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a few smouldering embers, which serve to fix the period of the departure of the band to some time since the last fall of snow ; and the alternative is left him of following the Indians to their next encampment, or returning home without having accomplished the great and all important object for which he undertook the journey. But when he thinks of Him who knew by experience the infirmities and severest sufferings of our nature, in order that he might be the merciful High Priest of his people, the missionary learns to count it all joy when he is called to suffer hardness in the honourable work of calling many sons unto Him.
F. A. O'm.
BLESSING ON A TRACT. The following interesting case occurred in Sussex. Shortly after the distribution of tracts in the village of and before the distributor was aware of any good having been effected, a missionary box was applied for, from a very respectable house in the village. On its first annual return it was found to contain upwards of five pounds. Everybody wondered, but no one knew what had set this machine in motion. Nearly similar results appeared at every missionary anniversary, until at length one of the sisters in the family broke through the restraints of a false shame, and declared that it was entirely owing to the blessing of God upon the tracts, which had been perseveringly left at their house, that they had become acquainted with the plague of their own hearts, and interested in the spread of the gospel.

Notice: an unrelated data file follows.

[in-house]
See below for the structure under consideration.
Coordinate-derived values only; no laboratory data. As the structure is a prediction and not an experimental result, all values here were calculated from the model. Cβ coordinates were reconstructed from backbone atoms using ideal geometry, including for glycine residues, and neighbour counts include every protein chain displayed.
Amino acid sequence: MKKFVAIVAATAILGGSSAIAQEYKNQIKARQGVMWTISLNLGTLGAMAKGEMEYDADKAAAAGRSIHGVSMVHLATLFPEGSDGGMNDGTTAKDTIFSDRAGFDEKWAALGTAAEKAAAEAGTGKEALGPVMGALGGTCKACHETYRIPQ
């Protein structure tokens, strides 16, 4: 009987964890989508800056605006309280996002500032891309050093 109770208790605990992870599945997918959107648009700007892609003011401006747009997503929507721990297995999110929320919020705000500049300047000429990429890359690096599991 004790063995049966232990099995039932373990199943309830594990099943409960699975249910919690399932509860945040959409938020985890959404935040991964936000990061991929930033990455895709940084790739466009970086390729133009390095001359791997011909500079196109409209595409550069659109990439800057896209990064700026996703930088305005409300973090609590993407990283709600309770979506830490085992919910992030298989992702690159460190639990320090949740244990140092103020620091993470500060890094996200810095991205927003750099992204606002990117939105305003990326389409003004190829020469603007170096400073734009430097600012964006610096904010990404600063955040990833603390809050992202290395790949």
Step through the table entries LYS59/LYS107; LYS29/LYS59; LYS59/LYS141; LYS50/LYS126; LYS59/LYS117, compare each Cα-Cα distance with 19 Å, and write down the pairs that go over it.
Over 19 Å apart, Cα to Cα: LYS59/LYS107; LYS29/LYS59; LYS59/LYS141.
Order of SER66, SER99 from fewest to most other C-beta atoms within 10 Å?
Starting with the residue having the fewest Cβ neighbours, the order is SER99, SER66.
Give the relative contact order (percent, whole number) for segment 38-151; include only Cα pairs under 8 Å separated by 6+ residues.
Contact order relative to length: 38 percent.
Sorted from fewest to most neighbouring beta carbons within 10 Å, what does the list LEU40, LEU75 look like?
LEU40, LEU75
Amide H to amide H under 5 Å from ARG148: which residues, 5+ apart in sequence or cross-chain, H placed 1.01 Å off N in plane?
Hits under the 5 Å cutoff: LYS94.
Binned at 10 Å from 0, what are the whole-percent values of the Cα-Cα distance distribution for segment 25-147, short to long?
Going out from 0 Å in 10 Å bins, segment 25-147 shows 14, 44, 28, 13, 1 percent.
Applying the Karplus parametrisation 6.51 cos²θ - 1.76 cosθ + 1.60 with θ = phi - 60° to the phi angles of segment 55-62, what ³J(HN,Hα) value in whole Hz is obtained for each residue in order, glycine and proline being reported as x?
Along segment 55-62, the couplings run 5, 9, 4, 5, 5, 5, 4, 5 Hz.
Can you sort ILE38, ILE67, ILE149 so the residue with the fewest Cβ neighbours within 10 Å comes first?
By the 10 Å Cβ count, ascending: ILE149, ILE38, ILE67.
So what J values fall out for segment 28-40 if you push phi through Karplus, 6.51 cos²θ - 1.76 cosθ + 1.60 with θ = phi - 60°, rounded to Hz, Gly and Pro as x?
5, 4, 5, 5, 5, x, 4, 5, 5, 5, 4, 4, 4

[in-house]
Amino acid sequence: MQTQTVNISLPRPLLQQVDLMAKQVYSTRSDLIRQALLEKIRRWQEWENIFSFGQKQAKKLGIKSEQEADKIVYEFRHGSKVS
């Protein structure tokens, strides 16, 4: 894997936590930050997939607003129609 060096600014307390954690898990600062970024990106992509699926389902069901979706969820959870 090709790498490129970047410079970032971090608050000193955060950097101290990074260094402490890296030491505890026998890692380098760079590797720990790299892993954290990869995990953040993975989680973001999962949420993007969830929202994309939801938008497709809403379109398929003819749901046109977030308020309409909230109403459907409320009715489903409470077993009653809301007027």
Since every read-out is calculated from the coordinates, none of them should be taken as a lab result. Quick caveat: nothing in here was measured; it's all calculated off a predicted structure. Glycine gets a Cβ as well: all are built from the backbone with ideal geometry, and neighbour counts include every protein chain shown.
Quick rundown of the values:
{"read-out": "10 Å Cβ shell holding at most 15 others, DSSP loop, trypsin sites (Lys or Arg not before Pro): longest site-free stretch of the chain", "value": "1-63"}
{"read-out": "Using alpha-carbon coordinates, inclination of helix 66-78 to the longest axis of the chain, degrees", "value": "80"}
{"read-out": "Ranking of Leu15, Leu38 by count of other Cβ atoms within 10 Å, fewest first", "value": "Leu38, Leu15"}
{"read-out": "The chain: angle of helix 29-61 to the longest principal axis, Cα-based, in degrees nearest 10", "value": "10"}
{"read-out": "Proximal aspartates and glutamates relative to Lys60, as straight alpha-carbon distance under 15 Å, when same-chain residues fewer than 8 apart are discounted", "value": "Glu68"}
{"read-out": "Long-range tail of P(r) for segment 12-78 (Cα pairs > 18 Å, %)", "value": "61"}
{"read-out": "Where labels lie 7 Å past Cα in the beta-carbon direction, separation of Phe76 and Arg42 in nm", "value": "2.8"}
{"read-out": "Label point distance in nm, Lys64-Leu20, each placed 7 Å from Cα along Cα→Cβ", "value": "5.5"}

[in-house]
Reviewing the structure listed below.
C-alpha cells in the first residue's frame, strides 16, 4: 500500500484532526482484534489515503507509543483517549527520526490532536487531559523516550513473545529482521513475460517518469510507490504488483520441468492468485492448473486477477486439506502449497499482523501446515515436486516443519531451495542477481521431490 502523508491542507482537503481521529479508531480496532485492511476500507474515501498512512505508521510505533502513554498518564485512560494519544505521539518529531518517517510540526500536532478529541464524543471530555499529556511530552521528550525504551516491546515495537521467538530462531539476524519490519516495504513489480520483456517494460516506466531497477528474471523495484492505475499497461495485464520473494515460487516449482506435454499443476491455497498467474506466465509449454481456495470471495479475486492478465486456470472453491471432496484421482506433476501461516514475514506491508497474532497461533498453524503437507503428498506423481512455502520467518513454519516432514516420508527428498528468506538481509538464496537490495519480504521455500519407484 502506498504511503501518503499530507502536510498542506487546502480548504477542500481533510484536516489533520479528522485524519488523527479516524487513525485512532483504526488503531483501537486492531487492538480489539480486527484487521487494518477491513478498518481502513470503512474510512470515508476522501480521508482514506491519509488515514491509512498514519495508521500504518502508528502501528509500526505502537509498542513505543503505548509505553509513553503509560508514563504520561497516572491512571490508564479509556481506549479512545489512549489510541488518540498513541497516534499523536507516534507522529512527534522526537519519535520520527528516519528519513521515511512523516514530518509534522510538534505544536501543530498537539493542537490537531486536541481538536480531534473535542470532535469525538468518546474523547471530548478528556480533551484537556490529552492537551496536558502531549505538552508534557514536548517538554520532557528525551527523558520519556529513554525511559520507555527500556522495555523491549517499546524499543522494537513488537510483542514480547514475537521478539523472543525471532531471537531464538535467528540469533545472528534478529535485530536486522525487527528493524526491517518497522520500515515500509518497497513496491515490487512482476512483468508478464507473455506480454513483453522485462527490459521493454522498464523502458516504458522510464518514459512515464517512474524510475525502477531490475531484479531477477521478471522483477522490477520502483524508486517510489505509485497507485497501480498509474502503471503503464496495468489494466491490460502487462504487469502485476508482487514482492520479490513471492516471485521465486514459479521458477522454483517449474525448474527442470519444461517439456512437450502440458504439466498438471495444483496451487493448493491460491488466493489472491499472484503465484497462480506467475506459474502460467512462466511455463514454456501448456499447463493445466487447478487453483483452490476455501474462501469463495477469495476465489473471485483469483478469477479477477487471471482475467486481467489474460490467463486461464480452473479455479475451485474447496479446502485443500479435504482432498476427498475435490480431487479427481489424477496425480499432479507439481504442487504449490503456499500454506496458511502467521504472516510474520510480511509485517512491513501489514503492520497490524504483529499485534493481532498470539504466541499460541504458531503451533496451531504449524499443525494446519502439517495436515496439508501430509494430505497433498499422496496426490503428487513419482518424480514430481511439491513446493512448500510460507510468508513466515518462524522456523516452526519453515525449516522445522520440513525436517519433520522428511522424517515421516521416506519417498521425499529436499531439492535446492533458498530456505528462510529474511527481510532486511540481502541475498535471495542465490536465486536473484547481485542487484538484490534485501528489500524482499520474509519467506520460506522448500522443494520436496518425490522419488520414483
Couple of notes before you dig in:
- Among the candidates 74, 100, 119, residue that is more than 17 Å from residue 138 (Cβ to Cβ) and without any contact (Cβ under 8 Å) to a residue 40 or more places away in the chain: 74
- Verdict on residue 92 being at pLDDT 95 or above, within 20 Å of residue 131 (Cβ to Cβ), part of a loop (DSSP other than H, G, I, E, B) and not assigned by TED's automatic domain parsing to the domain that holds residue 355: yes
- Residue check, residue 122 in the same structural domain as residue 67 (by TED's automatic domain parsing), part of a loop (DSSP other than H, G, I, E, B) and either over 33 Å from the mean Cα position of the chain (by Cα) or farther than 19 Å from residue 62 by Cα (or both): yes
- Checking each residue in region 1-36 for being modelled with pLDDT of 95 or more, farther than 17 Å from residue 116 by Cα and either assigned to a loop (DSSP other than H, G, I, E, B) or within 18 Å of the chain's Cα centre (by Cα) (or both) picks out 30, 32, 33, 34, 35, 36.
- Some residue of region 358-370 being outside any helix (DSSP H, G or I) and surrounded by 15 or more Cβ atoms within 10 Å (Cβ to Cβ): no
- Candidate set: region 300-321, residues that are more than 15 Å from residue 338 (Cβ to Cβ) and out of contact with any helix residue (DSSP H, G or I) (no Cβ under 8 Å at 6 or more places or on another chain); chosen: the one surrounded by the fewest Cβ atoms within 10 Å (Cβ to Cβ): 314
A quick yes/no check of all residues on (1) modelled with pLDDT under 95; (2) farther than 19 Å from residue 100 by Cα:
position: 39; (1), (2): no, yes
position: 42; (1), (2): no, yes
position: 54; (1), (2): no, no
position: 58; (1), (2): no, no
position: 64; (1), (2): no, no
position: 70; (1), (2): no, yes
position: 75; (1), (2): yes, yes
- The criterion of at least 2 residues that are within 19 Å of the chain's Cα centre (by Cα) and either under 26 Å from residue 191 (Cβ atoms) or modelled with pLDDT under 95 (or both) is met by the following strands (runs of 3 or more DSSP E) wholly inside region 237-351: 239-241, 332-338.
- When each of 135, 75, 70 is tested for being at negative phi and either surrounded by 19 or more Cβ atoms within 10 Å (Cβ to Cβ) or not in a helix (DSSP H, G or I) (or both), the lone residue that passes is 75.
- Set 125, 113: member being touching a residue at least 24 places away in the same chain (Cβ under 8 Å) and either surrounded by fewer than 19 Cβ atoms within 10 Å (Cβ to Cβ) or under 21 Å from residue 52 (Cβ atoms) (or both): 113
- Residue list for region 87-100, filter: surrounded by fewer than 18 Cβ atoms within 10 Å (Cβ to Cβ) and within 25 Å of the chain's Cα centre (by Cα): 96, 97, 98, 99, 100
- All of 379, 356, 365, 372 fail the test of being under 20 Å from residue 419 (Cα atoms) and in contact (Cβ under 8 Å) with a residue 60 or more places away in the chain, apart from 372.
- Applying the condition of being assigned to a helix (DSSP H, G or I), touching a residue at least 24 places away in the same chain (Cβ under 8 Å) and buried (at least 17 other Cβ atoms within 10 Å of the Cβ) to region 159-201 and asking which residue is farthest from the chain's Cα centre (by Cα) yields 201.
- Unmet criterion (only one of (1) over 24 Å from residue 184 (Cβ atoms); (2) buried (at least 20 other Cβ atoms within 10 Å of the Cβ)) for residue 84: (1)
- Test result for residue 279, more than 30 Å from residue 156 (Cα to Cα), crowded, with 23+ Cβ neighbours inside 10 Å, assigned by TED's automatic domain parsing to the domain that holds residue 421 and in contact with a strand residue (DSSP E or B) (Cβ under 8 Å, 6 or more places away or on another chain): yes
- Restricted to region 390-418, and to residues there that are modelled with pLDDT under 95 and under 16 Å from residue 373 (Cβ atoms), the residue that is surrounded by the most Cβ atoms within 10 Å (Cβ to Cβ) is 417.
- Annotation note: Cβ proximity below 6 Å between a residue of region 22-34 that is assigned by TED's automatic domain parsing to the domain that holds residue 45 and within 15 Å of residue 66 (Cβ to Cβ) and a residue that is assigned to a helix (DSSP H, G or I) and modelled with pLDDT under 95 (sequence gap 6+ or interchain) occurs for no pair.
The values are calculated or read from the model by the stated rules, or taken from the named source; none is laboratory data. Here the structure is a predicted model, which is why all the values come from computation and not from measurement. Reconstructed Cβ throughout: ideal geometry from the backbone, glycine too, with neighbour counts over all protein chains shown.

HUMAN NATURE. WHEN some one was talking before that acute Scotsman, Doctor Cheyne, of the excellency of human nature, “ Hoot, hoot, mon,” said he,“ human nature is a rogue and a scoundrel, or why should it perpetually stand in need of laws and of religion ??
THE LAST FLOWER OF THE HOUSEHOLD.
A FATHER from beyond the sea
Unto his home return'd,
Upon his hearthstone burn'd.
He called his little family,
Each by its own loved name;
To his embraces came.
The young rose of my heart?
Fast swelling tear-drops start.
By raging tempests driven,
“ Our Anna is in heaven!”
But bowed beneath the rod,
His Father and his God.
“ Children, our household here, Hath lost the little gladsome flower,
Which made its light so dear.
You on the earth may share,
With fond fraternal care.
As none but mothers mourn,
Who never can return.
His God alone can know :
But we to her may go.
We hand in hand will join; Jesus will comfort us, and grant
His strength and light divine. " And when our work on earth is done